In the last month, there’s been much attention to a cool patch in the North Atlantic Ocean, where record cold temperatures over the past eight months present a stark contrast to a globe that is experiencing record warmth. And although there is certainly no consensus on the matter yet, some scientists think this pattern may be a sign of long-feared consequences of climate change — a slowing of North Atlantic ocean circulation, due to a freshening of surface waters.
The cause, goes the thinking, would be the rapidly melting Greenland ice sheet, whose large freshwater flows may weaken ocean “overturning” by reducing the density of cold surface waters (colder, salty water is denser). If cold, salty waters don’t sink in the North Atlantic and flow back southward toward Antarctica at depth, then warm surface waters won’t flow northward to take their place.
Now, two newstudies just out in Nature Geosciencehelp to underscore why scientists have a good reason to think this sort of thing can happen — namely, because it appears to have happened in the Earth’s distant past. And not just once but on multiple occasions.
The climate will swing to extremes as it tries to find a new equilibrium, in response to the warming climate. Siberian winters will be colder, heat waves extended, etc. This report says that if you are in a rainy location, expect more deluges, and if you live in a dry area, expect more droughts. Specifically, the new study found that although the 14 climate models differ when it comes to the amount of rainfall in individual locations such as cities, over larger areas, they all point to the same average picture. That is, for every single degree Fahrenheit the global average temperature climbs, heavy rainfall will increase in wet areas by 3.9 percent, while dry areas will experience a 2.6 percent increase in time periods without any rainfall.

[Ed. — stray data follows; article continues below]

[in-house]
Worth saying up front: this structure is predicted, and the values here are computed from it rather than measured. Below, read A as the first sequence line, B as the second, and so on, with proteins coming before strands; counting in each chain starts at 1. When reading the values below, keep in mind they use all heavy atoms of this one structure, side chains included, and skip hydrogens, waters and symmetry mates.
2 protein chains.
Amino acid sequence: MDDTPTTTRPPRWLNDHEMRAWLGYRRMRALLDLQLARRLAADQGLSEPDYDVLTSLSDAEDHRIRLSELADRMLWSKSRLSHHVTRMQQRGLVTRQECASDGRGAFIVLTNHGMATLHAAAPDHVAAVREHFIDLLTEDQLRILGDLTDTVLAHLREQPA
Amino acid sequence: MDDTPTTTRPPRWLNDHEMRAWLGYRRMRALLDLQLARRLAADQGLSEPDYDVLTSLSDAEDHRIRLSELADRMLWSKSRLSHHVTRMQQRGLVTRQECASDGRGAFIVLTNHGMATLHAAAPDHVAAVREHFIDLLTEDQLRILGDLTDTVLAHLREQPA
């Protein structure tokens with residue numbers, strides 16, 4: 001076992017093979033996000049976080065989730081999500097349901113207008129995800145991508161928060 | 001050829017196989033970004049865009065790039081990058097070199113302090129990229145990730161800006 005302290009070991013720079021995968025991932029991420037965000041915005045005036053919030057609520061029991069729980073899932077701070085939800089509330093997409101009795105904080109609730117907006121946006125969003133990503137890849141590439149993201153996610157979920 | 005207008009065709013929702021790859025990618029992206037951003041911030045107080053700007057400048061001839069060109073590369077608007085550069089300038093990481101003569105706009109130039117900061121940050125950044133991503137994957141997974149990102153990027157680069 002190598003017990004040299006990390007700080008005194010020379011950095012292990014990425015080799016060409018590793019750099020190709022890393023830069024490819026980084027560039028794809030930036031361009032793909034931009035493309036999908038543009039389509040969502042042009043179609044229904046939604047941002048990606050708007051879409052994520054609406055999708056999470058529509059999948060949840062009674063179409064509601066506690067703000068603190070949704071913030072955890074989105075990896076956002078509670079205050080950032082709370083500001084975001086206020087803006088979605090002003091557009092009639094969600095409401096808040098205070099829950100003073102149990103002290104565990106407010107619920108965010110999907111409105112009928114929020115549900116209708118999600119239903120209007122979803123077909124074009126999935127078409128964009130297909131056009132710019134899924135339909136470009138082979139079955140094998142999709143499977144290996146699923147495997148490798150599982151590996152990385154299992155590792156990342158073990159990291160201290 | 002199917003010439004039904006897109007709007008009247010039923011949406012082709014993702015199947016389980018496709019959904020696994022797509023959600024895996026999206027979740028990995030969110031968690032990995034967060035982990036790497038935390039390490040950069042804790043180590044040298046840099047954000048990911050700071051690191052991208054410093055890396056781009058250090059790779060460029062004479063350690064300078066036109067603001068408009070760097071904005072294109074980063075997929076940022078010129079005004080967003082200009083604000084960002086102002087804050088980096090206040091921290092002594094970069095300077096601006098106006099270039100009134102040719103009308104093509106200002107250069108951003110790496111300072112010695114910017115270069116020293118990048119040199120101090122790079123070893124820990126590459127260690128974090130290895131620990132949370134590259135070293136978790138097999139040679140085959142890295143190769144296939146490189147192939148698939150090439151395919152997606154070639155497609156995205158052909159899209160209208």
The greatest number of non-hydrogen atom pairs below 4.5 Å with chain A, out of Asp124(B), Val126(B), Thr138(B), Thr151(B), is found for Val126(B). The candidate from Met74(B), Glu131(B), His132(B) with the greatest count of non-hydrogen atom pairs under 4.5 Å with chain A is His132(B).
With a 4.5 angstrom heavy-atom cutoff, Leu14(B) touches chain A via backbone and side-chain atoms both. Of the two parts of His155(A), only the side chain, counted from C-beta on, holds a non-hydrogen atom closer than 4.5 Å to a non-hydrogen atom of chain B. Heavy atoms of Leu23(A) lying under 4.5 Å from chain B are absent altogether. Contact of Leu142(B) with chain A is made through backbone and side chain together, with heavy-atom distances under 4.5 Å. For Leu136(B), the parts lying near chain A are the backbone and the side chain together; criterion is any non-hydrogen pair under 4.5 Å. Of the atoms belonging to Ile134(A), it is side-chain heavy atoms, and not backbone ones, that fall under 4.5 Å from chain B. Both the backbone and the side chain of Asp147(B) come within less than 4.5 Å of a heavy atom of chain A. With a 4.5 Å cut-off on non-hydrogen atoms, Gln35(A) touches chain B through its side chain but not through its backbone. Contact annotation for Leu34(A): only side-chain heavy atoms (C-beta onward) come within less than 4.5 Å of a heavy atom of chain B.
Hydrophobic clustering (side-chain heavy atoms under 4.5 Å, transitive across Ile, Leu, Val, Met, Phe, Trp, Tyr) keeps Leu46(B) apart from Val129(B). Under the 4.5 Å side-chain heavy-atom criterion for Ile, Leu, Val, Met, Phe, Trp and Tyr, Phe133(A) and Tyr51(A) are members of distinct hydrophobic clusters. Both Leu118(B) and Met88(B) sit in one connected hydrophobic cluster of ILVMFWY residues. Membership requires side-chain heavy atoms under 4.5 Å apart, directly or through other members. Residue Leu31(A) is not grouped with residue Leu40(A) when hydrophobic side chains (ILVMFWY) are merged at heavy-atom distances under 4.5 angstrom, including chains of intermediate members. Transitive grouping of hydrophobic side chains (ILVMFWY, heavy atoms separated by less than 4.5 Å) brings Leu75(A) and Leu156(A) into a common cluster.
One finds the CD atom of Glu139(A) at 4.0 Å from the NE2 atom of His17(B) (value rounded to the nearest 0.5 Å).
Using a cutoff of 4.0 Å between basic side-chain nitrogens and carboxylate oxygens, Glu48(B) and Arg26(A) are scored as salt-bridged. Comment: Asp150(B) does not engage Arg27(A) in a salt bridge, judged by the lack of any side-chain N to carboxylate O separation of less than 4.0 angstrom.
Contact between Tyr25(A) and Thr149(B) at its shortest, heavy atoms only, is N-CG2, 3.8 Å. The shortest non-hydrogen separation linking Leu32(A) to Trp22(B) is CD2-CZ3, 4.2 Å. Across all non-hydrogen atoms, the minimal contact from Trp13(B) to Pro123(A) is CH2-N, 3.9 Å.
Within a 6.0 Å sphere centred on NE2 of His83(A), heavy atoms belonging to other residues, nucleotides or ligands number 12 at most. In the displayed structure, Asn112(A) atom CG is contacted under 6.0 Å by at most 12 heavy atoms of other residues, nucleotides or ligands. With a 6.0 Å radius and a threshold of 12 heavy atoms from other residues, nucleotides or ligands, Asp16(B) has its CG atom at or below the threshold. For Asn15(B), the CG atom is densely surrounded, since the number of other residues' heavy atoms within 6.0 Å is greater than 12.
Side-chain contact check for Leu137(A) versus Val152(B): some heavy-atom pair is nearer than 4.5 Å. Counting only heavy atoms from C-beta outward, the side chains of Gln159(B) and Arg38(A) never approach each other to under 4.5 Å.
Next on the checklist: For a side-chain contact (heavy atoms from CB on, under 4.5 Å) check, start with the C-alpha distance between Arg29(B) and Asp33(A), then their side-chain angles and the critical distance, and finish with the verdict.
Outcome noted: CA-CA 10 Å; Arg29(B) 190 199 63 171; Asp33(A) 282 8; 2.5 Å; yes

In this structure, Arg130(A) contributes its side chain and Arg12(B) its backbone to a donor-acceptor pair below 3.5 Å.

On Oct. 12, 1979, Super Typhoon Tip’s central pressure dropped to 870 mb (25.69 inches Hg), the lowest sea-level pressure ever observed on Earth, according to NOAA. Peak wind gusts reached 190 mph (306 kph) while the storm churned over the western Pacific.
Besides having unsurpassed intensity, Super Typhoon Tip is also remembered for its massive size. Tip’s diameter of circulation spanned approximately 1,380 miles (2,220 km), setting a record for the largest storm on Earth. The storm’s huge diameter was exactly the same as the distance from New York City to Dallas.
THERE’S something mean and magical about Australia’s Outback. An Alice Springs filmmaker captured both when a whirlwind of fire erupted before his eyes.
Chris Tangey of Alice Springs Film and Television was scouting locations near Curtin Springs station, about 80km from Ularu, last week when confronted by a fiery phenomenon. He had just finished his tour of the station when workers encountered difficulties with a grader. So he went to help them. A small fire was burning in nearby bushland, so Mr Tangey decided to start filming. He caught the sight of his life. A twister touched down on the spot fire, fanning it into a furious tower of flame.